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comment “Boston” lobster vs. Italian “aragosta”
How can it be a lobster if it doesn't have claws? Heck, even crawfish have claws. Dunno what that aragosta creature is, other that scary.
Apr
23
comment Why doesn't the English language have distinct words to use when talking to elders?
What Anonym said -- if all it takes to make a language polite is to have a T-V distinction, then English might be the most polite language around: we use the polite form exclusively, and have for many centuries.
Apr
23
reviewed Approve Why doesn't the English language have distinct words to use when talking to elders?
Apr
21
comment What's the difference between “Thankful” and “Thank Full”?
If you have to ask such a question, then the answer is "thankful is a word, while 'thank full' is a nonsensical pair of words."
Apr
15
comment Are doggie bags still asked for?
+1 for "Can I get a box for this"; that, or variations thereof, is how I usually phrase it.
Apr
15
comment Difference between logs, timber, and lumber
1. Lumber is uncountable; "a lumber" is not something a native speaker would ever emit. Ditto for "bark": "barks" is the second person singular form of the verb, not a plural noun, because the noun form doesn't have a plural. 2. If you have a tree standing in nature, unharmed, it's called a... tree, oddly enough. "Timber" is what you yell when the tree you just cut down is in the act of falling.
Apr
10
comment Comma before “include:” preceding list: right or wrong, and why?
@AndrewLeach, but the point is, "what's funny is" contains TWO (2) verbs. "Key takeaways include" has only ONE (1) verb. In my mind, this makes them pretty fundamentally different. In particular, I think a comma in "what's funny, is" is excusable: not the way I'd write it, but I can understand why someone would put it there. The comma before "include", on the other hand, is completely and totally WRONG.
Apr
10
comment Comma before “include:” preceding list: right or wrong, and why?
@Andrew, I don't think that's a duplicate: "what is funny, is" has two verbs, and the comma is thus arguable. "Key takeaways include" only has the one verb, and thus there is absolutely no way for the comma to be correct.
Apr
10
comment Comma before “include:” preceding list: right or wrong, and why?
I don't understand how there could possibly be debate over this: that comma is wrong, wrong, wrong, wrong, wrong. Anyone who thinks otherwise has no business calling themselves a writer.
Apr
8
reviewed Approve What do you call a bunch of garlic (when you don't remove the cloves)?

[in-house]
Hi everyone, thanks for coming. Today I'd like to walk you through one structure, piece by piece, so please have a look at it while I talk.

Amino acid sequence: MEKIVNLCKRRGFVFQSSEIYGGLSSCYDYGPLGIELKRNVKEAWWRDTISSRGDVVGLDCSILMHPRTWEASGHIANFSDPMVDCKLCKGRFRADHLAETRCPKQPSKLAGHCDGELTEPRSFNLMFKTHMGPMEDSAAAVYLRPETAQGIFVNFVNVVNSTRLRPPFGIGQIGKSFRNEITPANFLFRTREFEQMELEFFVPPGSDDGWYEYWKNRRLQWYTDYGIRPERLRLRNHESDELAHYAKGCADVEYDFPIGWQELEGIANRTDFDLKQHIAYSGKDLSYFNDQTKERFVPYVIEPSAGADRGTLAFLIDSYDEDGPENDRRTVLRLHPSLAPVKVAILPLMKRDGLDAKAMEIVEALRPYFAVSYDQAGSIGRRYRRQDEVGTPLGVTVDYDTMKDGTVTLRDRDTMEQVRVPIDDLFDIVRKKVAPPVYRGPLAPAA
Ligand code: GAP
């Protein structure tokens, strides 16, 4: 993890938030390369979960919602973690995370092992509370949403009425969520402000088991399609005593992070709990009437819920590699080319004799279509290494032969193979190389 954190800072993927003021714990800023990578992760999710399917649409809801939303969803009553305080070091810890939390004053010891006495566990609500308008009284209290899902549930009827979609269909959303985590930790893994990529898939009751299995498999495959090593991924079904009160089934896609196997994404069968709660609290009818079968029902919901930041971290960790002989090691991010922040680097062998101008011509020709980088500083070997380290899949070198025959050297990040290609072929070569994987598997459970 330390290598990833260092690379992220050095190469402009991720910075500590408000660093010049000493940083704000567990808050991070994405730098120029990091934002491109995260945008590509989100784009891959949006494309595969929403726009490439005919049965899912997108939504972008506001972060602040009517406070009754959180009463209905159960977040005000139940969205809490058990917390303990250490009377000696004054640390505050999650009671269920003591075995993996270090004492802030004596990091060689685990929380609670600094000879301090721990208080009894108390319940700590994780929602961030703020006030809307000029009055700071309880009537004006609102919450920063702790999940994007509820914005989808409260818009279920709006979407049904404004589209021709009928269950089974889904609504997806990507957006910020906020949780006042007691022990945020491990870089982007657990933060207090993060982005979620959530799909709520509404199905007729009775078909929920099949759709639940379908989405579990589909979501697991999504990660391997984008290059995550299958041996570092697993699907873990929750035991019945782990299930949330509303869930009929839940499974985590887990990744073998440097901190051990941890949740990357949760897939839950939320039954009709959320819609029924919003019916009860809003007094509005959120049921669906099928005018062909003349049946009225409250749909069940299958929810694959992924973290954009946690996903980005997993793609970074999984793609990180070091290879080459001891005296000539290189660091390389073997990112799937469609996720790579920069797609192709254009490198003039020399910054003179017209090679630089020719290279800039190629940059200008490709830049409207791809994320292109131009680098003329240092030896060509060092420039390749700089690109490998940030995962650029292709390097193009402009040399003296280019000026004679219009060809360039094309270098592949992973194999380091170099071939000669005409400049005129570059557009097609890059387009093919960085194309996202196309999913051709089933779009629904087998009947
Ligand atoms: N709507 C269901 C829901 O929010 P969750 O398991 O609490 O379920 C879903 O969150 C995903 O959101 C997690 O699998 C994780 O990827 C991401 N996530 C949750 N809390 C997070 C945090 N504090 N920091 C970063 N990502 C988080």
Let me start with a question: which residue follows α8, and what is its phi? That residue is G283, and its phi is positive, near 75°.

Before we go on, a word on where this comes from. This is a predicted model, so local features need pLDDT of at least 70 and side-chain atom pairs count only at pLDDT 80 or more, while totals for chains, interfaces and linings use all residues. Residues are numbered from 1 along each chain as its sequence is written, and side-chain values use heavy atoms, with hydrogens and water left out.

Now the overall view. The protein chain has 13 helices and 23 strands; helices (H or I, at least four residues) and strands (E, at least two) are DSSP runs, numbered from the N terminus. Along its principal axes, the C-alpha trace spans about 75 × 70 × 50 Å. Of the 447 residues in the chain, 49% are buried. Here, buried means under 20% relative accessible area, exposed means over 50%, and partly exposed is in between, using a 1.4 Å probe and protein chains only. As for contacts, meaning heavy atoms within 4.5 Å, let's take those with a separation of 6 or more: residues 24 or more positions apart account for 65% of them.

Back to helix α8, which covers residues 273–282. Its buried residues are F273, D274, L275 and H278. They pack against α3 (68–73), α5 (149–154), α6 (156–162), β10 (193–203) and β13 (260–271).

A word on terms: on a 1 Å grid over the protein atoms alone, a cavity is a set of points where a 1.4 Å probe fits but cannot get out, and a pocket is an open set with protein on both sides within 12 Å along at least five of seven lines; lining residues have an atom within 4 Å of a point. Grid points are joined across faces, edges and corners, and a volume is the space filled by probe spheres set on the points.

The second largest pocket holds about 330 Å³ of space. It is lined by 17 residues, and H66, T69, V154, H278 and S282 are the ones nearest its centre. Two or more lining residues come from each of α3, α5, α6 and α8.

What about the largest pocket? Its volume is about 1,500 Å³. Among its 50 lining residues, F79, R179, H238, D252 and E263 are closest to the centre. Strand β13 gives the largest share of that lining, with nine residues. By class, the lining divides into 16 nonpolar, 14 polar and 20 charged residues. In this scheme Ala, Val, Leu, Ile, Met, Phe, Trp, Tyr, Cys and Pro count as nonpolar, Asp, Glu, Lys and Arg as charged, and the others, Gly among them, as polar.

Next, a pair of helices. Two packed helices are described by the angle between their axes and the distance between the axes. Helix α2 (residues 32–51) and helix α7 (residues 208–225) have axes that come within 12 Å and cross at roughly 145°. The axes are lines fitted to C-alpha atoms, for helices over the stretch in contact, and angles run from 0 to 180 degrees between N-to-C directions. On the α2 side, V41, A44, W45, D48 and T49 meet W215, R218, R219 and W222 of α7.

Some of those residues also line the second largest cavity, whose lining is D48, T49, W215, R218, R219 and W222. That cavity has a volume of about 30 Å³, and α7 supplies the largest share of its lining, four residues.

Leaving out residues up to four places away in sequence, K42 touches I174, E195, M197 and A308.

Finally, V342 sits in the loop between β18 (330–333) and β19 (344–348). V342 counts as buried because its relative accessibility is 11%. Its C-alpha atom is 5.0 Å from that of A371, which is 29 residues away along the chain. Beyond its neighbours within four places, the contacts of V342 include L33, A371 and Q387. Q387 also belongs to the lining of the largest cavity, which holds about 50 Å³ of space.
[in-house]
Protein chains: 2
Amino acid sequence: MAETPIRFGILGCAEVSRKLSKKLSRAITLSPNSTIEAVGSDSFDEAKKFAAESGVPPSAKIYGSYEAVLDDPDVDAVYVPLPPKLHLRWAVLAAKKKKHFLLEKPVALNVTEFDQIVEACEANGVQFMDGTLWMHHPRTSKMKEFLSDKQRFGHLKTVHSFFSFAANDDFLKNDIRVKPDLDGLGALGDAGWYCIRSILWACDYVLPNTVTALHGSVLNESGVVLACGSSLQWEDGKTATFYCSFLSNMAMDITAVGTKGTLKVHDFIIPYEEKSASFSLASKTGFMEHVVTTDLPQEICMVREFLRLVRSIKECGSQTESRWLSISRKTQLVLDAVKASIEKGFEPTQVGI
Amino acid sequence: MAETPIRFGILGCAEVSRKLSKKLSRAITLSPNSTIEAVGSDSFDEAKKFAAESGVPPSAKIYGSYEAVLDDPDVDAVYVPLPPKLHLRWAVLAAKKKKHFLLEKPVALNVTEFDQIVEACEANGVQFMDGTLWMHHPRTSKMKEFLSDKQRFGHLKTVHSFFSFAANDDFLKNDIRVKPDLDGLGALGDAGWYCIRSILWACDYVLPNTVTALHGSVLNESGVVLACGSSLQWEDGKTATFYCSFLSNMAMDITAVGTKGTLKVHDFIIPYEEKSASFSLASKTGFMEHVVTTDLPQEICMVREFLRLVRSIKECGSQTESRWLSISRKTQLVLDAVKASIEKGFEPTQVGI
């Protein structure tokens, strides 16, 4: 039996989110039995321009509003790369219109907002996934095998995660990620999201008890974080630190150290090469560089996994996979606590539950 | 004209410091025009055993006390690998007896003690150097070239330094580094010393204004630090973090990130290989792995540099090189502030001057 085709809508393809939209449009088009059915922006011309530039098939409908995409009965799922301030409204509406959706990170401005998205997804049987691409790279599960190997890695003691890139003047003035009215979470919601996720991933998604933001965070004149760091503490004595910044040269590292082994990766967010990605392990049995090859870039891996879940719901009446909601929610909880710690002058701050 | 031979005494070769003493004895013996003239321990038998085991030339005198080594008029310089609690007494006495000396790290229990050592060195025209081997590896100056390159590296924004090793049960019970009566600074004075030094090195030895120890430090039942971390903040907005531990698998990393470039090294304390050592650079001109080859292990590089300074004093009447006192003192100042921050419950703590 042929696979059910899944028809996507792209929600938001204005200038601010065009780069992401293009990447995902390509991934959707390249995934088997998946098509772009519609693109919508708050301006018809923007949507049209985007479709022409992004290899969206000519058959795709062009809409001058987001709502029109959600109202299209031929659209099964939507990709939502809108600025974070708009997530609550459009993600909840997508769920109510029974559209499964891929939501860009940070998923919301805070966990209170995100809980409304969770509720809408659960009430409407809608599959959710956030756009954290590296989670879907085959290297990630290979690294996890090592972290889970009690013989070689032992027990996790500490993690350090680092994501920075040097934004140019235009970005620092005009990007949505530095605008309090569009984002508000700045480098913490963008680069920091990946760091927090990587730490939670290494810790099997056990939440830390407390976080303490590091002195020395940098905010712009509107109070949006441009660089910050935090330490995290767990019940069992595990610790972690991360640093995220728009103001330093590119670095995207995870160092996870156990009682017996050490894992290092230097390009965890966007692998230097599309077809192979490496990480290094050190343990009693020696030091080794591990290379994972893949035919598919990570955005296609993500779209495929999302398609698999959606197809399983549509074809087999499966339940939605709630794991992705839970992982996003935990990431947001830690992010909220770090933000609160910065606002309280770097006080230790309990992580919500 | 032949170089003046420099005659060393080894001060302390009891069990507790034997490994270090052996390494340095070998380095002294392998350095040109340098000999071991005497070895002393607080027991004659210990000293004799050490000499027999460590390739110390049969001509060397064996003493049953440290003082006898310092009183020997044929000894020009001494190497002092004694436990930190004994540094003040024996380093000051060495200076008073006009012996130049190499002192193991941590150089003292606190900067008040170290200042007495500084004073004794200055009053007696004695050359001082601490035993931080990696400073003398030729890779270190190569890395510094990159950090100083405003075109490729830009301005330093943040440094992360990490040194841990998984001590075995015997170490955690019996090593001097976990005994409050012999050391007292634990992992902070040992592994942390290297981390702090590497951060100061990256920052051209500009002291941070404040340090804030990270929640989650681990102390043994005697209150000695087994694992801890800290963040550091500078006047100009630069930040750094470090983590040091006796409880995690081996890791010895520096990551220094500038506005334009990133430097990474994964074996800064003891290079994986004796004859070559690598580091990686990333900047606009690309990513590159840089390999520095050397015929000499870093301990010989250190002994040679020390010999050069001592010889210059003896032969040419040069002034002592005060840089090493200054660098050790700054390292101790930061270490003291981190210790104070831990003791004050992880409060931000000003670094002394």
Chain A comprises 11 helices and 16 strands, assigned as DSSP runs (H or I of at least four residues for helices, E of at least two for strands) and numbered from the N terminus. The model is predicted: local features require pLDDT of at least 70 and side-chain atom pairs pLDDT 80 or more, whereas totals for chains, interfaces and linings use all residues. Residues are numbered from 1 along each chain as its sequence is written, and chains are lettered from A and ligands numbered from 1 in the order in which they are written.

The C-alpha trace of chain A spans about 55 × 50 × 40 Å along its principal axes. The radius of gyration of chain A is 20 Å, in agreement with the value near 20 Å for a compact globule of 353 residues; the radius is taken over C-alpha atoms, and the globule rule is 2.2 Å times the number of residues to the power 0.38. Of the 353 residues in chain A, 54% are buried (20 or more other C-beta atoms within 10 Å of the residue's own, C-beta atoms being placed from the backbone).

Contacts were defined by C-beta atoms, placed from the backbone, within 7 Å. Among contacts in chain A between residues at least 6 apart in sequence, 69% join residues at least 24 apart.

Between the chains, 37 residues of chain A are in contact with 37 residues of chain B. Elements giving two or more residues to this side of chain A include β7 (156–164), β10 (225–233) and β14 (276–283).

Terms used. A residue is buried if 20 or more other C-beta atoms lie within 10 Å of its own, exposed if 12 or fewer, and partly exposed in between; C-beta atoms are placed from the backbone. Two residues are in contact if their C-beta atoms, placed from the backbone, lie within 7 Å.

Apr
8
comment What does this sentence mean?— “until the words lose all meaning and the chaos that is real life sets in”
Would it help to punctuate it as "...until the words lose all meaning and the-chaos-that-is-real-life sets in"? (Also, @Reg, how is this off-topic? The area of concern is clearly identified, the sentence is in English, it's not poetry or symbolism or anything far-fetched: it's a parsing question, not a literary interpretation question.)
Apr
4
awarded  Favorite Question
Mar
29
comment Why do ESL speakers sometimes use “sir” to women?
While this is sorta on-topic here, the ideal location for it would be English Language Learners: there, you might even get an answer from the horse's mouth, as it were.
Mar
29
comment Latin phrase to English?
1. Don't use anything other than a university professor (or equivalent) to translate anything into Latin. Unless of course you like being laughed at. 2. Mottos are actually more common in the vernacular than in Latin. If the character's family spoke English, then their motto is likely to be in English as well. 3. Like others have pointed out, this is totally off-topic here.
Mar
29
comment Etymology for “Mc‑” and “O’‑” prefix in surnames
@JanusBahsJacquet: note that putting the father's name in the genitive is a type of marking, so this is still not an example of an unmarked patronymic. It's Fred Johns, not Fred John.
Mar
27
revised Is there an English idiom that means “you can always find a law to convict anyone”?
typo in title
Mar
27
comment Is my name English?
I'm voting to close this question as off-topic because it is about genealogy, not English language or usage.
Mar
27
comment Is my name English?
This doesn't come up too often in English genealogy, but we repeat it all the time when people are searching for their roots in central or eastern Europe: the language (origin) of a name, the language spoken in a country, and the ethnicity of a particular person or family are three different, independent things. I have people in my family tree whose name is screamingly German, who were born in a town that is now part of Slovakia, but whose ethnicity is nevertheless Hungarian (based on where they went to church, among other things).
Mar
25
comment What to call Primary School + High School, but not College
When I was growing up, elementary school was K-6, junior high was 7-8 (yes, just two years), and high school was 9-12. Sometime after I graduated, they shuffled things around so the divisions were K-5, 6-8, and 9-12, but as far as I know, the terminology didn't change. "Primary school" was a synonym of "elementary school" with a slight whiff of old-fashioned fustiness to it. "Middle school" was a straight-up synonym of "junior high", just one we didn't happen to use much.
Mar
21
comment What is the exact meaning of “A can never be better than either B or C”
In practice, this probably depends on exactly what A, B, and C are. As in, language is never perfectly logical, and connotation matters.